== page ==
Monday, December 17, 2012

Music for the Eyes

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Recently, as a counter-attack against Karl Lagerfeld’s opinions about her being in need of weight loss, singer Adele made the following statement famous: “I make music for the ears, not for the eyes”. Leaving aside her fabulous reply, can we really say that music is exclusive for those able to hear or may a visual component be determinant in some cases?




Sign Language uses manual communication and body language to convey meaning. It is mainly used by deaf people or those who want to communicate with them, family members, friends or interpreters, for instance.

Sing language derives, in any case, from oral language. Contrary to what most people think, sign language is not universal, in fact, there are different sign languages depending on the country/region we refer to. For instance, we find Spanish Sign Language, French Sign Language, Greek Sign Language… but also American Sign Language and British Sign Language!

Here you have an example of four different ways of saying "How are you?":


video
American Sign Language (ASL)


video
British Sign Language (BSL)


video
Australian Sign Language (AUSLAN)


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Lengua de Signos Española (LSE)

But let’s go back to the music issue. Although deaf people cannot perceive any sound, they can, however, feel the vibrations. And this applies, therefore, to the vibrations produced by the tunes of any song. As vibrations are felt, rhythm may also be followed, so music, which is basically conceived for hearers, can be also enjoyed by deaf people in some way.

Have a look at the video below, where Stephen Torrence “signs” or we might say “sings” a song from Miley Cyrus, "Party in the USA":


In this video we can appreciate how visual sign language is. You may even guess some words you didn’t fully orally understand thanks to the man’s signs. This boy is not merely signing, as if he was purely speaking, but he is keeping some rhythm and gestures meanwhile which make a difference…
But now, we would like to know your opinion. Taking into account that sign language is deaf people’s main means of communication…

-Do you think what you’ve watched could be called singing, or must music definitely involve sound?
-Is this simply a way of dancing or performing?
-Press the “mute” button and watch the video. What do you think or feel? Can you get a hint of how deaf people might feel music?

P.S.: can you find the spelling mistake in Karl Lagerfeld & Adele's photograph on top of the entry?

No copyright infringement intended. For educational, non-commercial purposes only.

3 comments:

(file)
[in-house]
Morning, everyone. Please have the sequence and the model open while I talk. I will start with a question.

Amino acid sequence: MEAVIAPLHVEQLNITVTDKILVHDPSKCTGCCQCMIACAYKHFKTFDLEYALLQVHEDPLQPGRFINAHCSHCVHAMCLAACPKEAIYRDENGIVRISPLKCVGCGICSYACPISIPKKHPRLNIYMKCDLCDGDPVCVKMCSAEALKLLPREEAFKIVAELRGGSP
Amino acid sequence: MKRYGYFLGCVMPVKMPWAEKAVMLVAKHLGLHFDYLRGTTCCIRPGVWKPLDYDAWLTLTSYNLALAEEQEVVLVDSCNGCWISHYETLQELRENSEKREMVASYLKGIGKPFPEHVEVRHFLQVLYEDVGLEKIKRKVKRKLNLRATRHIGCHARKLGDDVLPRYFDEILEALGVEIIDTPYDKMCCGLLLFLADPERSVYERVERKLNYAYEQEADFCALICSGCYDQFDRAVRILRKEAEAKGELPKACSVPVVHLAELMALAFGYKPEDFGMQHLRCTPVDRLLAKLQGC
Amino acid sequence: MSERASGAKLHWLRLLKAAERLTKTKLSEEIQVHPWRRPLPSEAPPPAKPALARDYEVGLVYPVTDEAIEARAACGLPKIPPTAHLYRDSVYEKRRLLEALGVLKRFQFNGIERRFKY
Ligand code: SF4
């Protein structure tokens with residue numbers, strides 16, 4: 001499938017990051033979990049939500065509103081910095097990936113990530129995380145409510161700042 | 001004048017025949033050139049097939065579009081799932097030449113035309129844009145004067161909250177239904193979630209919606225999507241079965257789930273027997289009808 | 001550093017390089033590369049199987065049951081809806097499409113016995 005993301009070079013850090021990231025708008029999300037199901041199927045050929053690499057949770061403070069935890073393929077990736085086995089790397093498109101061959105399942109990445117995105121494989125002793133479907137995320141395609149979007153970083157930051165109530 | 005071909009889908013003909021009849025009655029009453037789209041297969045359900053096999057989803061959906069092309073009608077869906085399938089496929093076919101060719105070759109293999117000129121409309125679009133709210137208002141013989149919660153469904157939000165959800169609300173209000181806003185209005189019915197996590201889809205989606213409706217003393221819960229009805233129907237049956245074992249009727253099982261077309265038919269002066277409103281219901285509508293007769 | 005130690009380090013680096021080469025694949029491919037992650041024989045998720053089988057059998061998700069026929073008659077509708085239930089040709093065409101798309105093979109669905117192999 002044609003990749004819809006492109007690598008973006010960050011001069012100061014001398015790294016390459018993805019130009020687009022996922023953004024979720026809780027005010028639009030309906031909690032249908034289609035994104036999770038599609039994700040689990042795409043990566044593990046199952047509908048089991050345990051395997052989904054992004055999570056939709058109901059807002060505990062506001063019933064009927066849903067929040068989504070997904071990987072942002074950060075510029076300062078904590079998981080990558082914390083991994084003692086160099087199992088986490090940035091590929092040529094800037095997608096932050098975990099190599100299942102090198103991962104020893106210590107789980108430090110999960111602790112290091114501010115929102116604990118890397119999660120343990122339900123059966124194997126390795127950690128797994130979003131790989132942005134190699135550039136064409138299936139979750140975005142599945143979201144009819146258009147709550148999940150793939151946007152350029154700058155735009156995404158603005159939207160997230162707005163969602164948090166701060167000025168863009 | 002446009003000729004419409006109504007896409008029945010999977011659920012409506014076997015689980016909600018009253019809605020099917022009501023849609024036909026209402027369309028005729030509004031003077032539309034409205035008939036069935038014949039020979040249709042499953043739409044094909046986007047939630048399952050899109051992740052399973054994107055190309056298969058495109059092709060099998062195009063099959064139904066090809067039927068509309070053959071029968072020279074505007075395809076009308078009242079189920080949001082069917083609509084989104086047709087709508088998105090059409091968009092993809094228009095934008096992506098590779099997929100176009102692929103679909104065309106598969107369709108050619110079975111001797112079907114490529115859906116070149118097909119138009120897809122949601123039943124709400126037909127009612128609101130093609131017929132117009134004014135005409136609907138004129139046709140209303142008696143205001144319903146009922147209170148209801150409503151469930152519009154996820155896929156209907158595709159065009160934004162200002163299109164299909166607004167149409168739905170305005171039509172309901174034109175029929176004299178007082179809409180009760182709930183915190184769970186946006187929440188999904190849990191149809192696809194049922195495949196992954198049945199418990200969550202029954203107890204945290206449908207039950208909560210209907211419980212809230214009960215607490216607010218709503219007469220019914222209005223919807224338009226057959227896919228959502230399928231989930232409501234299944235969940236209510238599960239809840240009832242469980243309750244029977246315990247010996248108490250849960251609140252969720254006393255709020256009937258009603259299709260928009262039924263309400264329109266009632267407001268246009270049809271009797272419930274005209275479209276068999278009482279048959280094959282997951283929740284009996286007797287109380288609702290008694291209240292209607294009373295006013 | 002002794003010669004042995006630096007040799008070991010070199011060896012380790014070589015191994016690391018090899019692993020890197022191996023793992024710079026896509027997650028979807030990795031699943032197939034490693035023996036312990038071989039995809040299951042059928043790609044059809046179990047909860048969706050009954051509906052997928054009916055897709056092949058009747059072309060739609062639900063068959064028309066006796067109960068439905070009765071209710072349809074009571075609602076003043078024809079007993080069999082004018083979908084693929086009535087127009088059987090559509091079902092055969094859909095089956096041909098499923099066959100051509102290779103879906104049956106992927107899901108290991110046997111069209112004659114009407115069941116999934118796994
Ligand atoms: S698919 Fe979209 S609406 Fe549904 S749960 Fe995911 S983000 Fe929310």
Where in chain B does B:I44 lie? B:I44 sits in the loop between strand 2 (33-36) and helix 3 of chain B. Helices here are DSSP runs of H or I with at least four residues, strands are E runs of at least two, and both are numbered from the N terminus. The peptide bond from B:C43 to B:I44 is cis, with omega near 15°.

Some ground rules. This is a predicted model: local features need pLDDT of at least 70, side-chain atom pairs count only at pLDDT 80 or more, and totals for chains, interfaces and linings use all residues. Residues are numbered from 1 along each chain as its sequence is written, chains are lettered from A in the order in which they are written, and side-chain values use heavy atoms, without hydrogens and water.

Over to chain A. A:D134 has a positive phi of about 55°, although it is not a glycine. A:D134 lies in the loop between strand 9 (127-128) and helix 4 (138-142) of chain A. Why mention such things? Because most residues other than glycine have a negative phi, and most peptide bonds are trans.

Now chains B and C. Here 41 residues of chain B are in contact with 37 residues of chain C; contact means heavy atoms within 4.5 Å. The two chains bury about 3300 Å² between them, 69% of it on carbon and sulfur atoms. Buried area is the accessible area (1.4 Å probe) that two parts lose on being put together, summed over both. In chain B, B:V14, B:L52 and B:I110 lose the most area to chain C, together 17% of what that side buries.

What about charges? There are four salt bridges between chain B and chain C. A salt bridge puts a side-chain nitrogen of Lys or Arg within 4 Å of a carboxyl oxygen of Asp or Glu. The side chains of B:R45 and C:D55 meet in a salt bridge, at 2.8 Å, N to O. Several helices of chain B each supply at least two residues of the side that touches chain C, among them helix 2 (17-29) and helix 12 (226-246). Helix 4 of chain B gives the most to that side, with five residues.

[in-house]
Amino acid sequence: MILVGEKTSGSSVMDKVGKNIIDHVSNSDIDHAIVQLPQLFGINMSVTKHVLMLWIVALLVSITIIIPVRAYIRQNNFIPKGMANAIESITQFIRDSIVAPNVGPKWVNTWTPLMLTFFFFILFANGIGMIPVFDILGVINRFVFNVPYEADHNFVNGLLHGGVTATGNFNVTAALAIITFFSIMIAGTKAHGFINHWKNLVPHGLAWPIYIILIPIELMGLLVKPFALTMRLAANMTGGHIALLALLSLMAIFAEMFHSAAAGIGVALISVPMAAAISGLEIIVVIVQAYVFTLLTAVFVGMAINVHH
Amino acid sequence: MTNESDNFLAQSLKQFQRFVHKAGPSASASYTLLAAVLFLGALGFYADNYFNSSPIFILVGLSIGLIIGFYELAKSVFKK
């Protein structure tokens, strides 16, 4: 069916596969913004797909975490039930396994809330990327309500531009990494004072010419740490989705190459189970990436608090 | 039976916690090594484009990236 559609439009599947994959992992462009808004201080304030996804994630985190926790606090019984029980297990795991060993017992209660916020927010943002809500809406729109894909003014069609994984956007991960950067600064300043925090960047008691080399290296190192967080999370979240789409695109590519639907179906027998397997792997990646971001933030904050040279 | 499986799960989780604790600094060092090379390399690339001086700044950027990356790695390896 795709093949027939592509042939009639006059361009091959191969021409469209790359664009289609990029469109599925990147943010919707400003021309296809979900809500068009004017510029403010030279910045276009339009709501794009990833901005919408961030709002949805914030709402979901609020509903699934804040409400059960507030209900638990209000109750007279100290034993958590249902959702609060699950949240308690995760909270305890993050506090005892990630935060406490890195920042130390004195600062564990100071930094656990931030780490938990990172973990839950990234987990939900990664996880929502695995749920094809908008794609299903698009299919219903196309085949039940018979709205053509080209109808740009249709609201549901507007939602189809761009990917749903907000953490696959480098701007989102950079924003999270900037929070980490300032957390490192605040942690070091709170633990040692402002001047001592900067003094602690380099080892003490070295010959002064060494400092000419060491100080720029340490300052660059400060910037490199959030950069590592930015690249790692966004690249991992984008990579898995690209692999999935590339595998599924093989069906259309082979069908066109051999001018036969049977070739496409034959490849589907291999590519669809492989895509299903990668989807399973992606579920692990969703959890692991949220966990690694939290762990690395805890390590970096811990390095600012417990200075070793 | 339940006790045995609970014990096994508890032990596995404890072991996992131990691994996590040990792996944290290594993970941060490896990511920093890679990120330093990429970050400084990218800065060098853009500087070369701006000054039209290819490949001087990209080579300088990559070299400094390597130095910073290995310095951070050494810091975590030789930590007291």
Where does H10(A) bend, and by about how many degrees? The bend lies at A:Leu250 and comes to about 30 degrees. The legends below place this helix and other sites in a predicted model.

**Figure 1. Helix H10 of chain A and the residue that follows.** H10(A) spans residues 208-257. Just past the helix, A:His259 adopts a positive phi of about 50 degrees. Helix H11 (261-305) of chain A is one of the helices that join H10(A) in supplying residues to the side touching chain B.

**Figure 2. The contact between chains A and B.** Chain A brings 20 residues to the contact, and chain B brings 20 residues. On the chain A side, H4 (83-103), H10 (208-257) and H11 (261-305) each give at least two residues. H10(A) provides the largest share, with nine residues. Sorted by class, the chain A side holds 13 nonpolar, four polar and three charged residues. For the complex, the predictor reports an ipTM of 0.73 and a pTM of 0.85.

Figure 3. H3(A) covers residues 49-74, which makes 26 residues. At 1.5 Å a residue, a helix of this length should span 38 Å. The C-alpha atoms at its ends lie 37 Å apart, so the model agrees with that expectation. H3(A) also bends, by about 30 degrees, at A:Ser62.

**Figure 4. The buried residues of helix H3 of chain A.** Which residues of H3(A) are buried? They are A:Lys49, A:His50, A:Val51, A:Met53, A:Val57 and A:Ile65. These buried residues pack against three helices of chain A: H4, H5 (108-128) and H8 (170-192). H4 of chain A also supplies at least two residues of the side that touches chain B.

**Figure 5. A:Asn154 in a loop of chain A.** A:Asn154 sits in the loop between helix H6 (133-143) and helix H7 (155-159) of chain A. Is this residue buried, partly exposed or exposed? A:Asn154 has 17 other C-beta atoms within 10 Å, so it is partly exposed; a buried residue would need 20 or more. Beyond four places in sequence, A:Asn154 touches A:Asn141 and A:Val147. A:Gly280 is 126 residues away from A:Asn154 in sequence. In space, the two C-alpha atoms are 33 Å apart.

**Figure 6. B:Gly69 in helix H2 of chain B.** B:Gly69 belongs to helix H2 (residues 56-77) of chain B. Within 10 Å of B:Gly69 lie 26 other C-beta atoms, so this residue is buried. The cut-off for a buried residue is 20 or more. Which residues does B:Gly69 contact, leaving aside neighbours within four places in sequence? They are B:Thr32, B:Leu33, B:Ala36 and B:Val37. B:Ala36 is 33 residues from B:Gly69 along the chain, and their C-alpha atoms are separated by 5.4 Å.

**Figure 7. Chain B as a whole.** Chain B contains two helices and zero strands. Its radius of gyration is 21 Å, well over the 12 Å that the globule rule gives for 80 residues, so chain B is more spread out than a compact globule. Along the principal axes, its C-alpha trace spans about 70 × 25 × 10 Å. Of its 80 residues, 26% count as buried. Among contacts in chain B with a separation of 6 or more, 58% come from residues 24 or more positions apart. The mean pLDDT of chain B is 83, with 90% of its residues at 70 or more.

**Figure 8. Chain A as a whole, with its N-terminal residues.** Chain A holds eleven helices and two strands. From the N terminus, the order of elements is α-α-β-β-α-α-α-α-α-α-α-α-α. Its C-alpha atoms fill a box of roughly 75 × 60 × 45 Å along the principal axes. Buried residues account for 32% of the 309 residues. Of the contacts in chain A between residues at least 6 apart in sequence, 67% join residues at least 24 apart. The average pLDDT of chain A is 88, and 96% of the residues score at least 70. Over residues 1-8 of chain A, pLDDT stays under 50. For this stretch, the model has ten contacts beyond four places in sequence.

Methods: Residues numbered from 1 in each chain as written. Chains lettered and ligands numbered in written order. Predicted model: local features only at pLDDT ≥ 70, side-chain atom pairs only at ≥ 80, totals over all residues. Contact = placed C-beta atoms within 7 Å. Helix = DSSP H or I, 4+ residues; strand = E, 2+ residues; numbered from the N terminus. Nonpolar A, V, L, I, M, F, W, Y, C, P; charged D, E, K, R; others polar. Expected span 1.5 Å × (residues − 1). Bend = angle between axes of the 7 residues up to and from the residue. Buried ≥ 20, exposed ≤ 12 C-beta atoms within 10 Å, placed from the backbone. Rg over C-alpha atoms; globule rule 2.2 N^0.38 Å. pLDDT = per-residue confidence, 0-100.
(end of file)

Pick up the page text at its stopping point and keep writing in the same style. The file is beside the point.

1. I'll never understand why sign languages are different throughout the world... I've heard even within the same country one can expect differences!! That's crazy, isn't it?
    Up until now attempts to invent a common, universal worldwide language (such as Esperanto) have failed, but I reckon it's never too late to try and unify all sign languages

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  2. Well, I guess that’s not crazy if we take into account the existence of dialects regarding spoken languages. Sign language is a language indeed, the only difference with any spoken language is the use of signs to communicate instead of speech sounds. Reality is perceived differently by each individual, therefore signifiers (concepts) are not universal, although they may lead to a common convention (signified) in a particular language or dialect used by a given speech community.
    I think standardization in terms of languages (whichever the channel) is unrealistic. Cultural or spatial barriers will always prevent languages from been stationary; hence they’ll continue developing separately giving rise to dialects or even new languages.
    Only some sort of brutal, and so unethical, imposition (political or otherwise) might yield results in the unification of languages.

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  3. Beatriz Longa AlonsoDecember 19, 2012 at 7:23 PM

    Sign languages have arisen spontaneously through time, just like spoken languages, and therefore they are different.
    However, there is an international system called International Sign or Gestuno. This system is limited and does not have a grammar. It is used at international meetings or when travelling, but there are not native "speakers" and it is only known by interpreters and some young people.
    Here you have an example of International Sign http://youtu.be/9R0X_99IJEM

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